UPDATE: President Zurabishvili’s Interviews to Bloomberg, Euractiv, DW

While in Munich to attend the Munich Security Conference, Georgian President Salome Zurabishvili gave interviews to Bloomberg and Euractiv on February 17. On February 18, she also gave interview to Deutsche Welle (DW). In the interviews she covered, among other topics, Georgia’s integration into the EU and NATO, the war in Ukraine, Alexei Navalny’s death, the Black Sea security, the threats of Russian interference.

President’s Interview with Bloomberg

Georgia’s EU Integration

Answering a question about Georgia’s EU candidacy, how soon can Georgia move ahead, and what can jeopardize this process for Georgia President Zurabishvili stressed that “Ukraine has changed the approach towards enlargement” and that the acceleration of the EU integration process would not have happened if not for its resistance, “which has shown the whole Europe that their security is linked to [that of] Europe’s.”

She also said that “the Georgian population has done everything we could over the past yours to move towards Europe, we’ve had our share of struggle and battle”. She emphasized that Georgia has also resisted, although its resilience is “of different character due to the dimensions” but “not less… than that of Ukraine’s.”

She said: “And each time there is a doubt where Georgia wants to go, the Georgian population shows where it wants to go” adding that this is one of the reasons why she is “very optimistic.”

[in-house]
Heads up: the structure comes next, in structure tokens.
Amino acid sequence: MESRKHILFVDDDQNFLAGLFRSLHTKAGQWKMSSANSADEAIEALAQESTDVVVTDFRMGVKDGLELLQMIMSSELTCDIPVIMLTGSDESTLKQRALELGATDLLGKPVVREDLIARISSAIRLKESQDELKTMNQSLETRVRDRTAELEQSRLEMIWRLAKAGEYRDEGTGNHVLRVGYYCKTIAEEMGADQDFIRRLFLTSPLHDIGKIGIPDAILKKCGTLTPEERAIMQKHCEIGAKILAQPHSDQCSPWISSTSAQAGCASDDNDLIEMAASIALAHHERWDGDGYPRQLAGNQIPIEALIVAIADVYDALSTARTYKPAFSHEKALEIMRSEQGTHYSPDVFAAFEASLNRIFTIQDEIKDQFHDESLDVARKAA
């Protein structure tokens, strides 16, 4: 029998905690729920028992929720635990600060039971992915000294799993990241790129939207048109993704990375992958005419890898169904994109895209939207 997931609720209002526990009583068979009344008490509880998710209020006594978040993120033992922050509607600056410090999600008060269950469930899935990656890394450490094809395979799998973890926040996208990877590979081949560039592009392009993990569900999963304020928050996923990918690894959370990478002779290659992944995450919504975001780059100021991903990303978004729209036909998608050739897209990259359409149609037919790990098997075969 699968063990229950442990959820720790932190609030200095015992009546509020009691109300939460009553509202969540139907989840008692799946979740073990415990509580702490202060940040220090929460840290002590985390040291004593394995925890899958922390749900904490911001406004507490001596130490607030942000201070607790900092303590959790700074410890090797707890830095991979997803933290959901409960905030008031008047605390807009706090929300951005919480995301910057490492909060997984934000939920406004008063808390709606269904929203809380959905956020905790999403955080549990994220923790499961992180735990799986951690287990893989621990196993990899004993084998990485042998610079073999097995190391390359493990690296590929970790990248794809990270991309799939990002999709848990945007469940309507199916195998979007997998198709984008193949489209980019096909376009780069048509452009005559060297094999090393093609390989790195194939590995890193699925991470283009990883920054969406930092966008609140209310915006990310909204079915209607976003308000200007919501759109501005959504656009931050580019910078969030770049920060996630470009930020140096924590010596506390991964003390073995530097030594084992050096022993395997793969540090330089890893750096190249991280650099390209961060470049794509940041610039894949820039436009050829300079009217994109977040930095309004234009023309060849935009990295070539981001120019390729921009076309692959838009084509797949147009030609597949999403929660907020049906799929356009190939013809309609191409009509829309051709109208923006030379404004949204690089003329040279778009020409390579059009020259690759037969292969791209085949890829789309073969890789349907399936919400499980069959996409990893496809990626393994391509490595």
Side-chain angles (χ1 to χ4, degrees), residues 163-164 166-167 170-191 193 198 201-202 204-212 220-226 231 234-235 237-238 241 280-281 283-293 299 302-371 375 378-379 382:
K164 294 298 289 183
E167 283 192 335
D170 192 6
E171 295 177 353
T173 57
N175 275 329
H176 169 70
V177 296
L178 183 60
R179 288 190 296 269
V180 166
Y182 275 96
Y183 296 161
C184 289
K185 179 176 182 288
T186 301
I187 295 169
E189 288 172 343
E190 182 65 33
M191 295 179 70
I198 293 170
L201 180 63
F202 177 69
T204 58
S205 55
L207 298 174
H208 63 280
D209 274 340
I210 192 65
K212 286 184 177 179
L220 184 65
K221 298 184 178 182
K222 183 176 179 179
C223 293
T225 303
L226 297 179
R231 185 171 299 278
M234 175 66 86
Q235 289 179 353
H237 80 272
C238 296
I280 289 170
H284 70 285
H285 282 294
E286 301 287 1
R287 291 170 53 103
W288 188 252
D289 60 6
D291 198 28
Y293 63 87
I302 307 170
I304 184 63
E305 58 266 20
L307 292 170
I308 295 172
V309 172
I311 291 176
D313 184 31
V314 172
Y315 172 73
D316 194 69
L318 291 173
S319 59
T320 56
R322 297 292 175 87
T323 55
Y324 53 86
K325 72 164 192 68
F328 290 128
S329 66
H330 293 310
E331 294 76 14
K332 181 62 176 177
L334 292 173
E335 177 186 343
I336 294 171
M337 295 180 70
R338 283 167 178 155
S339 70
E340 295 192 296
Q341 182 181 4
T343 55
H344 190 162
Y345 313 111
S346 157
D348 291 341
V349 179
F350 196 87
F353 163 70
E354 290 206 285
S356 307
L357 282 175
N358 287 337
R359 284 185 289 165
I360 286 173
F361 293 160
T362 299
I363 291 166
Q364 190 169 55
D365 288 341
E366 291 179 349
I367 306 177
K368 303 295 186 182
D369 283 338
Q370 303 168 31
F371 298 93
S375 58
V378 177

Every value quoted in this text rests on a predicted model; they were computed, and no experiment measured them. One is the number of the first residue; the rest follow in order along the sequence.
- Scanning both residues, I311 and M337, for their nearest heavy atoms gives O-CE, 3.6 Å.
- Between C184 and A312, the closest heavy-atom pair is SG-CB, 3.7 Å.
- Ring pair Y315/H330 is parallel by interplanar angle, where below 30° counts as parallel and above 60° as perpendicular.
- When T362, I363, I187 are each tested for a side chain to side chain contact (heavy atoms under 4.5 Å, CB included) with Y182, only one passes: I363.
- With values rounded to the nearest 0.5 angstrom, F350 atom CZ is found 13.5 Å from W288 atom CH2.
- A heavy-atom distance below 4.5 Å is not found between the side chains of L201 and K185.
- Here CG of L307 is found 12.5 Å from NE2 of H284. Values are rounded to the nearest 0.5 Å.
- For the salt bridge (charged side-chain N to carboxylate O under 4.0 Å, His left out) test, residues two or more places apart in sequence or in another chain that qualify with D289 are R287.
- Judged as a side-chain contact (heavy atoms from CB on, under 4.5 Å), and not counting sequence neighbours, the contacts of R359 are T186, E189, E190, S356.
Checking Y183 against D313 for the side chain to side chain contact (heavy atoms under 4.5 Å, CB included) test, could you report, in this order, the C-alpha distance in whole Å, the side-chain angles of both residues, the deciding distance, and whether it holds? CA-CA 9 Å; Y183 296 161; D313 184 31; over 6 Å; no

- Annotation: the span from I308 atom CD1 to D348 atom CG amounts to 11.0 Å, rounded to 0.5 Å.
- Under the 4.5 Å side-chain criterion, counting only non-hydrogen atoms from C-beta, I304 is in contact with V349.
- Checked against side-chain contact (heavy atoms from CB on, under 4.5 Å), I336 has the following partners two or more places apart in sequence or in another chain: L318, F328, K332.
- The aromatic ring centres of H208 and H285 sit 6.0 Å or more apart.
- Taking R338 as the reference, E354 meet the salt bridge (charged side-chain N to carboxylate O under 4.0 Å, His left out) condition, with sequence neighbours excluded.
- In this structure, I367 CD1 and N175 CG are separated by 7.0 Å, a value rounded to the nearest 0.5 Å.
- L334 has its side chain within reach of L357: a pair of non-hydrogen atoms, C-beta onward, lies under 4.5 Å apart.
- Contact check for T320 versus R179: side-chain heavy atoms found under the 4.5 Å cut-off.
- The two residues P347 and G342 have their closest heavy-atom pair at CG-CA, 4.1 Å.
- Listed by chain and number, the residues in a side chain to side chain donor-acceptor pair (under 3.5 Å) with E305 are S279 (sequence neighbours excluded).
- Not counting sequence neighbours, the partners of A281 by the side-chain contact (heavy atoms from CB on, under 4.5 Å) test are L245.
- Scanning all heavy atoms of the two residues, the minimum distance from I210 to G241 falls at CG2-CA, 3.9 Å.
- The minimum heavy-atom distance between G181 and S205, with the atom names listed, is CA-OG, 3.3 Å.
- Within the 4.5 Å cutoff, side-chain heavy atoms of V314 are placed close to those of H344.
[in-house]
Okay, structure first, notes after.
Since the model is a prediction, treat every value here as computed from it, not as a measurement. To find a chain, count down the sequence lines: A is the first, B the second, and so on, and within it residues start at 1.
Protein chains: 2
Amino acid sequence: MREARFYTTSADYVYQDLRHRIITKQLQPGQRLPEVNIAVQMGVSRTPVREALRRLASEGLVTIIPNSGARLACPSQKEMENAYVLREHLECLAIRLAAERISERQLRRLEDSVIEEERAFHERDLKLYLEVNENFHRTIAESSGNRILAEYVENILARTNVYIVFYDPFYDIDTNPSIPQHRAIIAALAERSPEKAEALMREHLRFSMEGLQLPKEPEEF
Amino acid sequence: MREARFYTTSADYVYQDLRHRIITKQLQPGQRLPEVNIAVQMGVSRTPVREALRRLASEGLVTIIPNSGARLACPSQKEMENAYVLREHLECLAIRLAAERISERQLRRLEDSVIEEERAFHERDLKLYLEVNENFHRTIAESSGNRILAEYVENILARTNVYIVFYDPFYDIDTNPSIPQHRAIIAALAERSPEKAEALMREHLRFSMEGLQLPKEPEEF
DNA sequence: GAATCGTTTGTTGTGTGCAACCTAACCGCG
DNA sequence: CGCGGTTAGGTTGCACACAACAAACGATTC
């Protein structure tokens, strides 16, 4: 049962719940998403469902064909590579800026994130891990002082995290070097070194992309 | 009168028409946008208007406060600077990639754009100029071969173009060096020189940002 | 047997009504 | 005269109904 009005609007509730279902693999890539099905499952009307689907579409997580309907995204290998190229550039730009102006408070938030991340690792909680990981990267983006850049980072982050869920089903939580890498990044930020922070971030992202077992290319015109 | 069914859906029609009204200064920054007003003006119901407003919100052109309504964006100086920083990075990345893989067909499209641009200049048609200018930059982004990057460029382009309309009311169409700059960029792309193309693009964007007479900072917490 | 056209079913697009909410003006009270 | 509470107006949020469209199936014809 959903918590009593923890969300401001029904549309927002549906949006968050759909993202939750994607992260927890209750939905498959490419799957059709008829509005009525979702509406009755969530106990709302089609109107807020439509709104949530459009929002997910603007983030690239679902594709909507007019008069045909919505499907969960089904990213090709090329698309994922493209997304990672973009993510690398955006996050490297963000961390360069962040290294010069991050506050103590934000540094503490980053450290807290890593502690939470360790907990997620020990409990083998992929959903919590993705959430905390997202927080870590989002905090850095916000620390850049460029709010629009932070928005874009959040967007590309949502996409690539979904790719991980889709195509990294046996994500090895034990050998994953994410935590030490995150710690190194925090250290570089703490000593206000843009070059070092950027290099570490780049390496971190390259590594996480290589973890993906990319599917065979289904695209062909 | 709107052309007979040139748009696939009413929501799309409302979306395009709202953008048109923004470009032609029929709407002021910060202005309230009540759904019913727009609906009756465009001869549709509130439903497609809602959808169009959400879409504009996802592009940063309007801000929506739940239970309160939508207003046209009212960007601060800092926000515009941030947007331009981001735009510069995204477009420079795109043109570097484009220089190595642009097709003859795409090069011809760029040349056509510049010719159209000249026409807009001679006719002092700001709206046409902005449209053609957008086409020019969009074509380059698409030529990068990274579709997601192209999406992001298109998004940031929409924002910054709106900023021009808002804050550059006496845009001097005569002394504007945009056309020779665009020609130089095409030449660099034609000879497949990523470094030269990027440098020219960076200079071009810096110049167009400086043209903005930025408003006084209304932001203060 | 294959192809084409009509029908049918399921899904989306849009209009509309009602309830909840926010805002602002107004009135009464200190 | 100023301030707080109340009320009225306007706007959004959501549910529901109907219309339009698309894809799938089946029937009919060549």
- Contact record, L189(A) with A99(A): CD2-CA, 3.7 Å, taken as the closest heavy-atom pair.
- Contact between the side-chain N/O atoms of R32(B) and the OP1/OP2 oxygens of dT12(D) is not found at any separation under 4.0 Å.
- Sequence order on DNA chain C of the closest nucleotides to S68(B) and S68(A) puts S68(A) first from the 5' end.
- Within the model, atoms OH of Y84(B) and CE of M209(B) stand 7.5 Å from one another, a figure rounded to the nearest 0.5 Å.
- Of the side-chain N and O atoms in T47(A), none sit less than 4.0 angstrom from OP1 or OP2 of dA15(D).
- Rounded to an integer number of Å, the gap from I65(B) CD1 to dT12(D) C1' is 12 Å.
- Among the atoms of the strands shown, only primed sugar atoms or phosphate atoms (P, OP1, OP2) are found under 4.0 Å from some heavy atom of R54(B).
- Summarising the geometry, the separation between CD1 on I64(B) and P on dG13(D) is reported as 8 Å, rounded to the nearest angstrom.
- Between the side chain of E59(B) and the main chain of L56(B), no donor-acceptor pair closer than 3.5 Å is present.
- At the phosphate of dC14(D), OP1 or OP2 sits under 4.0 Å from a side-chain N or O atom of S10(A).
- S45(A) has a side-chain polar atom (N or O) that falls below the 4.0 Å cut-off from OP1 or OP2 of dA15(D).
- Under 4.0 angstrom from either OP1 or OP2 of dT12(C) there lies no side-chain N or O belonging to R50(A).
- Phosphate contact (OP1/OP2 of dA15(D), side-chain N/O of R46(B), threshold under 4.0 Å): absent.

She also mentioned the Parliamentary elections in Georgia in October saying that she is “sure that one of the results of the main result of the elections, whoever is elected, will be the support for our European way, European orientation and that’s what will get us further down the road, towards the candidacy, enlargement and hopefully opening up the accession negotiations as soon as possible.” She pledged to support that process as much as possible.

NATO Enlargement

Asked about NATO enlargement and whether becoming closer to it is more or less safe for Georgia, taking into account Ukraine’s experience, Salome Zurabishvili dismissed the connection between Ukraine’s NATO aspiration and the invasion by Russia stressing that “decision of Russian to invade Ukraine, was an action Russia took by itself and was not a reaction to something, but an act of aggression.” She noted that Russian President Putin does not dare to cross a red line and attack NATO members and “this has been proven over and over again.” She added that for the countries of the former Soviet space it is clear that being within NATO “is the way to be defended and we don’t yet know any other way.” She also noted that for Georgia, “EU enlargement goes hand in hand with NATO enlargement”, and this is enshrined in the country’s constitution.

President Zurabishvili declined to comment whether possible victory of Donald Trump in U.S. presidential elections will weaken NATO, only noting that just as Georgia has no alternative to the EU and NATO integration she believes that “the U.S. has no alternative to remaining the biggest Ally in the very strong Alliance in the future.”